The American West is in the midst of a severe water crisis. The Colorado River Basin is one of the most severely stressed bodies of water in the United States, supplying water for agriculture and industry and relied on by over 40 million people across seven states as a source of drinking water. After two decades of drought and no relief on the horizon, state governments are preparing for significant water shortages. These shortages have been felt by farmers who are now facing increasing crop failures that threaten the country’s food supply. Local people are feeling the pressure too, with 2.2 million Americans left without access to running water or plumbing.
The Corporate Role in Water Stewardship
Carbon Footprint vs Water HandprintWe’ve all become familiar with the concept of a carbon footprint. It is deeply embedded in many corporate sustainability initiatives, with companies using life cycle assessment to evaluate and offset their carbon impact in an effort to become “carbon neutral.” Can the same footprint strategy be applied to water? Unlike carbon, the effects of water use are felt regionally. Carbon emissions in the U.S. affect climate change the same as carbon emissions anywhere else in the world. But, the value of water is not the same for all people in all places at all times. It is time and place dependent and therefore cannot be easily offset. Because of this, a ‘neutral water footprint’ is ineffective at solving the real social and environmental issues of the world’s water crisis. Instead, Will Sarni – Founder and CEO of the Colorado River Basin Fund – pushes for a “water handprint” approach, encouraging corporations to put forth dynamic innovations that focus on promoting access efficiency and watershed health rather than focusing exclusively on reducing water use. He argues that this line of thinking will create dynamic opportunities both for community and environmental prosperity as well as aligning water innovation with business value creation.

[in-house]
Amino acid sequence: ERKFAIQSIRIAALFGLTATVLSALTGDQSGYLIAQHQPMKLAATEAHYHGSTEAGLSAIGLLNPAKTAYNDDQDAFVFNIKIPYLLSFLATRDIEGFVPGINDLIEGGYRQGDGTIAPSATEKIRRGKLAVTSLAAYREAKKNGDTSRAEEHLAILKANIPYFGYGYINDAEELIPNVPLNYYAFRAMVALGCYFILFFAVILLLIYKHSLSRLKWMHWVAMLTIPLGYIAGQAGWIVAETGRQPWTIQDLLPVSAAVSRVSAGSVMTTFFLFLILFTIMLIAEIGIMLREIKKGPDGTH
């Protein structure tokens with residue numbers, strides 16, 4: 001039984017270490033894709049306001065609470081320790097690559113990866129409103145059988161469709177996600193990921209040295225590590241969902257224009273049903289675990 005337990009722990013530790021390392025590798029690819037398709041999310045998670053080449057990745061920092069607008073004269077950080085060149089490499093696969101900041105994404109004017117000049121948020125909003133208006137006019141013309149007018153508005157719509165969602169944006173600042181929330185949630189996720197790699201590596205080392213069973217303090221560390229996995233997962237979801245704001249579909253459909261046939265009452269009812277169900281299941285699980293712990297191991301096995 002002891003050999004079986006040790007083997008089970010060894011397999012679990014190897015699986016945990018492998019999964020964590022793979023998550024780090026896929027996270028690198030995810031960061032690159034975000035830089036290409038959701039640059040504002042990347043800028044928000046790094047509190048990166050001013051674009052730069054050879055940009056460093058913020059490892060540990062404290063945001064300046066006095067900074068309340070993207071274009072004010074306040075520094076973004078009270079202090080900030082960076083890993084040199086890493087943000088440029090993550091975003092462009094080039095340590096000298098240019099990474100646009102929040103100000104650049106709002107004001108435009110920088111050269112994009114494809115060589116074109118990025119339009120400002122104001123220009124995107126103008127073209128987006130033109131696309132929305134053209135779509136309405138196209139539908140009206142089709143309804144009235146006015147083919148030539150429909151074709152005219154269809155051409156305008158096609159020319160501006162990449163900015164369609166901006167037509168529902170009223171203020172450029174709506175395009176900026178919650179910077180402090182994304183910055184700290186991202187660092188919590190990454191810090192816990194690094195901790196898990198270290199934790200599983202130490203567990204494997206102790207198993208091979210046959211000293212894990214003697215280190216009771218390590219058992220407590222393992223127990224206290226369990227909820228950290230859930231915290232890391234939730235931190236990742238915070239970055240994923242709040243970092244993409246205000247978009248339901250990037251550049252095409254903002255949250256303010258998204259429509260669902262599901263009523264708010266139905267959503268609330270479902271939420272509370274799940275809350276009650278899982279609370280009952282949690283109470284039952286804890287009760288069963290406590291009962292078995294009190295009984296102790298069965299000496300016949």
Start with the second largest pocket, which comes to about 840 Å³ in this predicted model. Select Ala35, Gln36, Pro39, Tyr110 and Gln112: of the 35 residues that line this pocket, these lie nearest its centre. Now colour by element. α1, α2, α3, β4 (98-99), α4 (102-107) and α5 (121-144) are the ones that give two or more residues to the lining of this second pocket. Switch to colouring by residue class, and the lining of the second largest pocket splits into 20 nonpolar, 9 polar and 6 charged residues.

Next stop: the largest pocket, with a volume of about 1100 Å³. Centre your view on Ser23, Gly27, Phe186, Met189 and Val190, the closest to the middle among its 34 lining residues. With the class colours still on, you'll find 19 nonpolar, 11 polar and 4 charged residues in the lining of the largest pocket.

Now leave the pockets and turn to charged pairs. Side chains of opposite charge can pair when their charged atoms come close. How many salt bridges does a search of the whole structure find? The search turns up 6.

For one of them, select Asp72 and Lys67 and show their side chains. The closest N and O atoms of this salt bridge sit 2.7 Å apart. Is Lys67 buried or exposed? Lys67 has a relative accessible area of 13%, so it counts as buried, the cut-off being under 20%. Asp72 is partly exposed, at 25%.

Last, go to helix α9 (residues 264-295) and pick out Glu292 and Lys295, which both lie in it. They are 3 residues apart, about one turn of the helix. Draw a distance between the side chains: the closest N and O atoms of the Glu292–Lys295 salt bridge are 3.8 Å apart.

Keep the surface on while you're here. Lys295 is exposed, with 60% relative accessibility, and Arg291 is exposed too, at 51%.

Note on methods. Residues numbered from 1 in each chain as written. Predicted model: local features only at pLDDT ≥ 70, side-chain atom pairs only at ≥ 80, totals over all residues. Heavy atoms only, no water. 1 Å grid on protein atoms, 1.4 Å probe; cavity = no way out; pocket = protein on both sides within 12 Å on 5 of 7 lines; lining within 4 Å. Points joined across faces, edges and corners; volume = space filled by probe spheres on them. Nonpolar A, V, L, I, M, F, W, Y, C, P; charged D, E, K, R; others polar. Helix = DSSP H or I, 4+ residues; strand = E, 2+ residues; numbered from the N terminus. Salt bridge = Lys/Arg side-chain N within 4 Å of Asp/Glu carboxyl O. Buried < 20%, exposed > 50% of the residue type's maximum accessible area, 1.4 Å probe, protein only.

Turning Scarcity into AbundanceThe consumer packaged goods industry and corporate sustainability initiatives at large tend to focus much of their effort on climate change, understandably so. But this hyperfocus leaves the water crisis as a hopeful second on the list of challenges to overcome. Current ESG reporting is footprint-focused, a strategy that may work for carbon, but may also be ineffective in tracking true water impact. Look for water use solutions that focus on accountability, equity, and partnership and avoid those that serve only as corporate ego boosts.
- Look regionally at water use and regionalize production of water-intensive materials.
- Implement technologies to maximize water efficiency and circularity such as water recycling, Ai and IoT technologies, and decentralized wastewater treatment systems.
- Engage with the water crisis beyond limiting use including promoting watershed restoration and ground absorption prevention, specifically in drought-prone areas.
- Collaborate with the public sector, NGO’s, academic institutions, and civil society to increase awareness, access, and innovation.